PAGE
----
The market applauded Green Mountain Coffee Roasters hiring Coca-Cola executive Brian Kelley as its new CEO yesterday, sending shares as much as 11% higher before settling with only a modest gain.

Kelley -- expected to head up Coca-Cola's North American refreshment business in January before accepting Green Mountain's job offer -- brings years of beverage business and brand building experience to the company behind the Keurig single-cup coffee brewers.

Should SodaStream be worried?


After all, SodaStream has been taking shots at Coca-Cola this year. Can't Kelley fire back now?

No. That's just not going to happen.

Let's get into the important distinction between Green Mountain and SodaStream. Investors love to throw the two companies into the same basket. It's not unusual to see one stock rally just because the other is on the move.

The sympathy plays have never made any sense. Yes, both companies make small kitchen appliances that make beverages. The similarities end there. Green Mountain is a brewer. SodaStream is a carbonator.

That's important. We can't draw the line at hot and cold anymore. Green Mountain has been building up its "Brew Over Ice" line of K-Cup options. It started with iced tea and lemonade that are brewed hot but served over ice to chill out. Green Mountain turned heads last month when it teamed up with Dr. Pepper Snapple Group to introduce Snapple K-Cups, offering a broad line of fruity tea drinks with a recognizable brand. For its part, SodaStream also offers lemonade and fruit drinks through its partnership with Kraft Foods for co-branded Crystal Light and Country Time syrups.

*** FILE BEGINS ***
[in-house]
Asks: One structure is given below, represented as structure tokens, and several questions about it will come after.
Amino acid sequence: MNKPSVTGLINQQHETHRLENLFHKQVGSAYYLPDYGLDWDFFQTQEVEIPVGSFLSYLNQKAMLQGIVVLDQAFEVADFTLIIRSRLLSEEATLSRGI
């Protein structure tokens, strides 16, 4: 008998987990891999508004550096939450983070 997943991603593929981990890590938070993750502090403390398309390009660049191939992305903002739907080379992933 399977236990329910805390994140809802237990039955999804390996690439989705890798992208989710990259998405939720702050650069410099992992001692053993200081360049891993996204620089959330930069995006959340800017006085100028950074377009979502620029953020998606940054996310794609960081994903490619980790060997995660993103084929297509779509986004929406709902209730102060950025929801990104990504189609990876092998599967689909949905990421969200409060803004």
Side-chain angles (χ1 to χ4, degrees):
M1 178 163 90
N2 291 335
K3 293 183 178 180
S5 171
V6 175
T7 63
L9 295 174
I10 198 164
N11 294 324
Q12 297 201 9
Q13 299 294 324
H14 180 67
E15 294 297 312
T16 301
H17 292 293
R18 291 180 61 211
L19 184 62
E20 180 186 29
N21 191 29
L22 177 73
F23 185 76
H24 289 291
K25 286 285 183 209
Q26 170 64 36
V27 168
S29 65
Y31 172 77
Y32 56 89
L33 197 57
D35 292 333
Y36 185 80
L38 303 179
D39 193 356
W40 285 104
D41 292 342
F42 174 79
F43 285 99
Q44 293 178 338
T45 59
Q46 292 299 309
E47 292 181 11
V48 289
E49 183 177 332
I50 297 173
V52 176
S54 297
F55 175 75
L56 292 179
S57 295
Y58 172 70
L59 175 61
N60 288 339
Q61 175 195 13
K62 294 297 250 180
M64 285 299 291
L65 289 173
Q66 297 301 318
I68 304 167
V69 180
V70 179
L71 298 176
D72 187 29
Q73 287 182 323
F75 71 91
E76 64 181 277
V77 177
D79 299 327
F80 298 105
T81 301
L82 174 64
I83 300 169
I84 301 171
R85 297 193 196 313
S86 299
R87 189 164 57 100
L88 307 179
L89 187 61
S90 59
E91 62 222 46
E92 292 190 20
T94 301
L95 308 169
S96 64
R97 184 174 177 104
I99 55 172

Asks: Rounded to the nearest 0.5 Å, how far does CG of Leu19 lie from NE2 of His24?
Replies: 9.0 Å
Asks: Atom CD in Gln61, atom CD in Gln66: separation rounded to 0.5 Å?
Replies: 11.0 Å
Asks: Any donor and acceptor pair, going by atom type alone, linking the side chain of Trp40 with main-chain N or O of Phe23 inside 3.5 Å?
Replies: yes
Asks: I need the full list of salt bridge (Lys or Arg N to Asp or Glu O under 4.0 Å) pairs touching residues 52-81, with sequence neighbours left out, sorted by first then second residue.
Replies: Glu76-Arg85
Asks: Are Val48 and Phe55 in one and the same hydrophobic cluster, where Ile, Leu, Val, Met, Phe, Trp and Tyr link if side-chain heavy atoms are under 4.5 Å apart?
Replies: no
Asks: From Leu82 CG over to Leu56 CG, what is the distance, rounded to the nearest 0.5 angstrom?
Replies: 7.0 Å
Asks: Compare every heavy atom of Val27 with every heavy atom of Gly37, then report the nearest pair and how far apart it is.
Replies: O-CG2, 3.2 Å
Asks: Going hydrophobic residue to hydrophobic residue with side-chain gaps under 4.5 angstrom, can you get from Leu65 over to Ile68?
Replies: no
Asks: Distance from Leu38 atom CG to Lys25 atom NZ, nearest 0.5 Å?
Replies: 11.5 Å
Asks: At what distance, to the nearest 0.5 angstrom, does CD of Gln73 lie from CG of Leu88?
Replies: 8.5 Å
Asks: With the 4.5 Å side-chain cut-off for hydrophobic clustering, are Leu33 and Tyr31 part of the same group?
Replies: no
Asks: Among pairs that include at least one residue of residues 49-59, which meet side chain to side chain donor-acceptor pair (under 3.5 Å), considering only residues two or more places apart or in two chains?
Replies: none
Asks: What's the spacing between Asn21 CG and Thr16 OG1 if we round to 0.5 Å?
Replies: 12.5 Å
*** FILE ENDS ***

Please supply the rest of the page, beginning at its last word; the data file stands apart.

Yes, the beverage options are starting to meet in the middle, but one can never forget that SodaStream's versions of these drinks are carbonated. Turning tap water into sparkling water is what the SodaStream machine does. There's a material difference between traditional lemonade and carbonated lemonade. Iced tea and a fruity carbonated beverage are entirely different refreshments.

It's true that SodaStream and Green Mountain can work toward the same cause in promoting the convenience and occasionally eco-friendly nature of making one's own beverage. Both companies are doing well in the education process going by recent growth rates. However, they don't truly compete with one another -- and probably never will.

Brew ha ha
Want to learn more? There's a premium report on Green Mountain, exploring the Keurig champ's challenges and opportunities. A free year of updates is included, so click here to get up to speed on the java heavy.

The article Is Green Mountain Going After SodaStream? originally appeared on Fool.com.

Longtime Fool contributor Rick Aristotle Munarriz owns shares of SodaStream and Green Mountain Coffee Roasters. The Motley Fool owns shares of SodaStream and has the following options: short DEC 2012 $21.00 calls on Green Mountain Coffee Roasters, short DEC 2012 $21.00 calls on Green Mountain Coffee Roasters, long DEC 2012 $16.00 puts on Green Mountain Coffee Roasters, and long DEC 2012 $16.00 puts on Green Mountain Coffee Roasters. Motley Fool newsletter services recommend Green Mountain Coffee Roasters, The Coca-Cola Company, and SodaStream. Try any of our Foolish newsletter services free for 30 days. We Fools may not all hold the same opinions, but we all believe that considering a diverse range of insights makes us better investors. The Motley Fool has a disclosure policy.

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